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Applied Mining Geology

The geologic notes are taken as soon as possible after the ground is broken so that any mistake in the mining may be corrected at once, or any particularly advantageous procedure may be suggested before any useless work is done. Taking the notes underground is a comparatively simple matter, but a few necessary precautions may be pointed out. The essential to success is that the notes shall show exactly what geological facts are disclosed. The observer must discriminate carefully between important and unimportant exposures in making the record, especially as regards the relation between veins and stringers, between faults and minor slips, or between the characteristics of veins of different ages. A simple color scheme has been adopted for making this record. Red pencils are used to indicate vein filling, which may be ore, barren pyrite, in fact any metallic minerals or quartz, and the record of the minerals present is found in the written notes. Blue coloring indicates evidence of faulting, either as the definite planes of movement or the crushed granite resulting from such movements. The sketches are always supplemented with copious notes as to the dip and strike, character of mineralization, and condition of the surrounding granite.

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Alundum Extraction-Thimble Used in the Determination of Copper

The photograph, Fig. 1, shows the apparatus a little less than half size, consisting of a filtering-flask fitted with rubber stopper through which passes a bent glass tube, and an extraction-thimble fitted with rubber stopper through which passes a glass tube of 0.25-inch bore. Both tubes are connected by a short piece of rubber tubing.

A section of a thimble is shown in the photograph; the tube extends to within 1/8 in. of the tapered end.

The object of using the thimble is to remove the acid from the beaker after all the copper has been precipitated. Time is saved, the copper is not exposed to the acid alone, and there are none of the losses attending ordinary filtration. I have accomplished these results by means of a piece of perforated platinum fastened in the end of a (1.25-in. bore glass tube and a filter-mat of asbestos, but after my supply of proper length fiber became exhausted I could not replenish it even after purchasing 14 lots from four different dealers.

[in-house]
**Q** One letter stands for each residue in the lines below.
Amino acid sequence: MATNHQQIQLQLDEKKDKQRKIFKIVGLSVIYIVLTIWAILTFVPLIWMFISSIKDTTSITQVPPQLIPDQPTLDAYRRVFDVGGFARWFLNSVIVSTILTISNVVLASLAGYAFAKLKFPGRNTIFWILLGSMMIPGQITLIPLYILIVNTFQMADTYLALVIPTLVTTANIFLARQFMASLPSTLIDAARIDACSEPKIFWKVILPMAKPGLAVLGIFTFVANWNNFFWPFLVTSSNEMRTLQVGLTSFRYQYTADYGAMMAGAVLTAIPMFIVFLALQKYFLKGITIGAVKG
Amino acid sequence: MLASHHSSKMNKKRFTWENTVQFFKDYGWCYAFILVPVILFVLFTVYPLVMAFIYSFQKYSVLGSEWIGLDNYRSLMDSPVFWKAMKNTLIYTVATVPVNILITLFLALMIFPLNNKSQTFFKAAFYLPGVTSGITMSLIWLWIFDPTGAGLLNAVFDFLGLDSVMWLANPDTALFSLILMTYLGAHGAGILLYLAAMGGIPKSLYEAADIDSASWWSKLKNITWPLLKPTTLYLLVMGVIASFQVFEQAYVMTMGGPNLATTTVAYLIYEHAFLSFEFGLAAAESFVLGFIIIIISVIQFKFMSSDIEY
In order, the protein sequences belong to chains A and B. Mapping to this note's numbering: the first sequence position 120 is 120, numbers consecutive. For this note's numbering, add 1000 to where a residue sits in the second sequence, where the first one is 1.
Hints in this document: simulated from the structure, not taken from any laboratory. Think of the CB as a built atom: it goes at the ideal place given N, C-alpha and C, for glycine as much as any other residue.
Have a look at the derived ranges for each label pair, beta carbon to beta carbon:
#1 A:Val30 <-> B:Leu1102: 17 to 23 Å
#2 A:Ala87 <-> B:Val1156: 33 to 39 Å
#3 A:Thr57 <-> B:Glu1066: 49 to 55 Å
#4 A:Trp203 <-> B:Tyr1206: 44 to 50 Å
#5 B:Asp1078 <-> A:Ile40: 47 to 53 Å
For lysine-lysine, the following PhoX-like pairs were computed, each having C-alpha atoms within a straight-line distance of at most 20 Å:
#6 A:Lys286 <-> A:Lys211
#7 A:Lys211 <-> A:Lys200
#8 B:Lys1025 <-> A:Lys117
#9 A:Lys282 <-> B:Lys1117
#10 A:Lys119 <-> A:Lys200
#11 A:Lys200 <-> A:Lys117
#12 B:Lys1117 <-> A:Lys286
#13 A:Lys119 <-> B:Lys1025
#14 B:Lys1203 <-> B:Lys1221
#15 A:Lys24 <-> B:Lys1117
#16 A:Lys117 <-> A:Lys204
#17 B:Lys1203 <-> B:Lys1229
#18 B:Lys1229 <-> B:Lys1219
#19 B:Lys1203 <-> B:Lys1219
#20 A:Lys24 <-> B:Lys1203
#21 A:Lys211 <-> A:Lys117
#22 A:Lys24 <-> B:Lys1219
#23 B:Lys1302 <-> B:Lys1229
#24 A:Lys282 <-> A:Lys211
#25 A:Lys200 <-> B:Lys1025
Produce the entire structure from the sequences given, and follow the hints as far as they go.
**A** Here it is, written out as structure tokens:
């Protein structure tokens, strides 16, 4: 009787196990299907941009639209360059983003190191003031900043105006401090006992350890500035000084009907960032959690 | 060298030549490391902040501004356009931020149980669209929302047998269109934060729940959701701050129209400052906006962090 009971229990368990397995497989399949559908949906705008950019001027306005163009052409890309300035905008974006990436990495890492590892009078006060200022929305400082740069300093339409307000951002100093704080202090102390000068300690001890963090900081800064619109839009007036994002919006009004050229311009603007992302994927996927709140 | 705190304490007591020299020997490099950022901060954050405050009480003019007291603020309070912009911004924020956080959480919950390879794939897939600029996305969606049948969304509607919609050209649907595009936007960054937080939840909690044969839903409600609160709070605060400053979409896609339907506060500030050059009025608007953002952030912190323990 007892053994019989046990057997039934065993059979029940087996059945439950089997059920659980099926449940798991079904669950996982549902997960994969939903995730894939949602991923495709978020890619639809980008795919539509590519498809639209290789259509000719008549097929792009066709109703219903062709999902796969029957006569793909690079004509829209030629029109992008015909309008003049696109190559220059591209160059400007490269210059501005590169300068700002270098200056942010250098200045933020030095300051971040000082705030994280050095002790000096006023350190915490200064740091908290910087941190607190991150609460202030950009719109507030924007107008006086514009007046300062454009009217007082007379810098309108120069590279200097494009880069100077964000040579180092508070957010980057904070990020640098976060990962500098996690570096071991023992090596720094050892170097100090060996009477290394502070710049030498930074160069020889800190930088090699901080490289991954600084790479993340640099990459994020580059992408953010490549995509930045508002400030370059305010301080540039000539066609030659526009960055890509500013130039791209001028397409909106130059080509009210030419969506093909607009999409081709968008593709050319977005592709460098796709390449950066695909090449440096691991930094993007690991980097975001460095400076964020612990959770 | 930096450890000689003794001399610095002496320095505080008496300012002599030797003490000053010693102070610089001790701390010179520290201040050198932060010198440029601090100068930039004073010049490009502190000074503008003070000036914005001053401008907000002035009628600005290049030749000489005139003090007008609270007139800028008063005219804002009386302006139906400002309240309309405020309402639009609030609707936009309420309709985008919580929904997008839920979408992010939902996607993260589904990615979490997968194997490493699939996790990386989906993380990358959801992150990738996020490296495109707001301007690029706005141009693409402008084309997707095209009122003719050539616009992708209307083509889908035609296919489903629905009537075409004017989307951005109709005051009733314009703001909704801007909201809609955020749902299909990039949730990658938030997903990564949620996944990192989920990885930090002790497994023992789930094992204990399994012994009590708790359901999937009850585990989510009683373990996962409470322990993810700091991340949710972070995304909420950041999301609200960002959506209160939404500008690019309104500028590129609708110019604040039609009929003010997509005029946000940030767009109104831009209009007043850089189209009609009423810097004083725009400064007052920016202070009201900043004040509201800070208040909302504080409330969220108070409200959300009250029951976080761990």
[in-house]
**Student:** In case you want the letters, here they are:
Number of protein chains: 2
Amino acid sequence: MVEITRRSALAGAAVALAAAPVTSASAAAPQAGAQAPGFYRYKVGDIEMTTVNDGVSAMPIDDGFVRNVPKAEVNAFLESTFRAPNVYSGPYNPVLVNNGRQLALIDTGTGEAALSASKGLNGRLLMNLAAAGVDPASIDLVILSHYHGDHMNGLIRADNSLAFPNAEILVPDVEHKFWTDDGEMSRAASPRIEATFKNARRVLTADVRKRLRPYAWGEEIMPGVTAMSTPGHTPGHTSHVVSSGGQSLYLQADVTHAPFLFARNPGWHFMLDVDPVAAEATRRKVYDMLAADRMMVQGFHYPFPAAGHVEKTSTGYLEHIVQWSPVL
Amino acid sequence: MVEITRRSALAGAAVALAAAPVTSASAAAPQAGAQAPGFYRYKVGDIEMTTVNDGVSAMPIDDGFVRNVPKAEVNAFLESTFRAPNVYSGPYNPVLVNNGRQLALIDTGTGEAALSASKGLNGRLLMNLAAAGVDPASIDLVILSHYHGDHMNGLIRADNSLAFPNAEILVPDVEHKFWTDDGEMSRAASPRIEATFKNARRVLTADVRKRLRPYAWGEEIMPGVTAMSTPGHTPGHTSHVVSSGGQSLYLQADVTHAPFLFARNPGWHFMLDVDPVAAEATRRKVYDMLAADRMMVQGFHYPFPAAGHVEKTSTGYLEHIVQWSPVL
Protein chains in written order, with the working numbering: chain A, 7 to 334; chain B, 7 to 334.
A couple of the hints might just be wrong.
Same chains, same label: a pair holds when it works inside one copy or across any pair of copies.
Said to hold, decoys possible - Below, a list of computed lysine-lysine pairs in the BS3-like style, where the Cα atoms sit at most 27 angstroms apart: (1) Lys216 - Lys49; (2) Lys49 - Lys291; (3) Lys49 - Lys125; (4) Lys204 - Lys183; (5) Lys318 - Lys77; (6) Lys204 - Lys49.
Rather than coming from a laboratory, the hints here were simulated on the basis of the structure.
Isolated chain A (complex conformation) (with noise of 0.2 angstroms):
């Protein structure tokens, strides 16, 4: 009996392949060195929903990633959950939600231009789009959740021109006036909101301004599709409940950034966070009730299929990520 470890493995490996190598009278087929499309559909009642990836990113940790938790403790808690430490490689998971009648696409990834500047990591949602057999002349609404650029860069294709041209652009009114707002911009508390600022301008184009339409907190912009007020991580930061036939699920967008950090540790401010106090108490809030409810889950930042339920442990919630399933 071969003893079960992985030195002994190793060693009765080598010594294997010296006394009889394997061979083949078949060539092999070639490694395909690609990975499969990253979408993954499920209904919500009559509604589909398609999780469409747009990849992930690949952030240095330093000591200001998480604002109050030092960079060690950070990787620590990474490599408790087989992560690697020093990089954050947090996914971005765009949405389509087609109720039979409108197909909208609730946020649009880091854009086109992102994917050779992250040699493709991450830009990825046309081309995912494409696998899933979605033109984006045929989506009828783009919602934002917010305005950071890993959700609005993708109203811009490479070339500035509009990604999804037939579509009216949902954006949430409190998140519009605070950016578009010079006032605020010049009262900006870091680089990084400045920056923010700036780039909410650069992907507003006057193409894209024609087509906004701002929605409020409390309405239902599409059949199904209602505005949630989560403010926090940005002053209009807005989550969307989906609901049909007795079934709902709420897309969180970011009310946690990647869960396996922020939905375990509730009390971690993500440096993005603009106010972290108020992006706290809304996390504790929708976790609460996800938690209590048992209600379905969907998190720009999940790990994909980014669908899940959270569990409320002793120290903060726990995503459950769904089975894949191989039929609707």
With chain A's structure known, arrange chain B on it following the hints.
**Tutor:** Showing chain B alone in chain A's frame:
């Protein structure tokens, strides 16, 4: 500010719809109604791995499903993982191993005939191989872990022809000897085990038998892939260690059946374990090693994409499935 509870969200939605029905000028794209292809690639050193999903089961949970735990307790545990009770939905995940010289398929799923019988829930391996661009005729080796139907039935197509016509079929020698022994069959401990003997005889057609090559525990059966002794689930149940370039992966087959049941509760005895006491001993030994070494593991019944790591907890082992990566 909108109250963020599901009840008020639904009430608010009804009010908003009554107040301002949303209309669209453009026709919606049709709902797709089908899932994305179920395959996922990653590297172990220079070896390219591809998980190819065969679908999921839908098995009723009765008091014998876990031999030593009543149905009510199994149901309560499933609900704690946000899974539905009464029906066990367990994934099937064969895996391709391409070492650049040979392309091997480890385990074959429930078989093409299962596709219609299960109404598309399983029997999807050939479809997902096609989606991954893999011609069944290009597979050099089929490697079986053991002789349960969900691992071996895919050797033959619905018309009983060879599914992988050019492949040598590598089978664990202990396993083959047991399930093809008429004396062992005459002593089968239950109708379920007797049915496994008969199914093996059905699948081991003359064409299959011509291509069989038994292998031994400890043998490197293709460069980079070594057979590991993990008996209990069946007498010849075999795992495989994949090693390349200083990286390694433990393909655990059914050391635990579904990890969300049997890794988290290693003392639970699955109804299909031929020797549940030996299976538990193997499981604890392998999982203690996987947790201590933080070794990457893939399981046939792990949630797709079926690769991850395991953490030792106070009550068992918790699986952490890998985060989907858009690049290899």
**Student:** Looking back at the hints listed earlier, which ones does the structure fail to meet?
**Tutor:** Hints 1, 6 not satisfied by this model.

The above apparatus may be used to remove at least seven-eighths of a supernatant liquid from a settled precipitate without disturbing the latter.

The application of the thimble is best shown by partly

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Wood Burning Assay Furnace

Wood burning assay furnaces are made with single and double muffles and are much like the soft coal furnaces except that a larger firebox and grate are used. Wood is usually sawed in 2-foot lengths and with dry wood the muffle may be easily heated sufficiently for assaying. Hard wood is much to be preferred as it does not bum out as rapidly, but almost any kind of dry wood may be used.

The large firebox and the grate, which is set about 8 inches below the bottom of the fire-door are the principal distinguishing characteristics of a wood-burning assay furnace.

Last fall, having a number of ore samples from mine-development work carried on in spite of the “Revolution,” I was forced to do my own assaying again, after a lapse of many years. This gave me an opportunity to build a furnace for crucible assaying, using wood for fuel, along lines which had been developing in my mind since the time 20 years ago, when as general factotum at a little mining camp in western Chihuahua, Mexico, I had converted a crucible charcoal furnace into one using the reverberatory principle.

Wood-burning furnaces have been described in technical literature, but I believe the

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How to Estimate the Tin Content: Assay Determination

The object that the writer has mainly in view in presenting this paper is to draw the attention of those connected with the technical side of the industry to the unsatisfactory and by no means up-to-date methods employed in estimating the tin contents of an ore. At the same time, what is regarded, from the writer’s personal experience, as a satisfactory and reliable method is explained in detail. It is a curious fact that for the last 25 years tin-assay methods have made little or no advance, while those now in general use in connection with copper and lead ores can scarcely be compared with those then obtaining, so greatly have they been improved upon. Though it is not altogether expected that the method herein advocated will at once meet with general approval, the writer hopes the resultant discussion may bring out points that have hitherto escaped detection.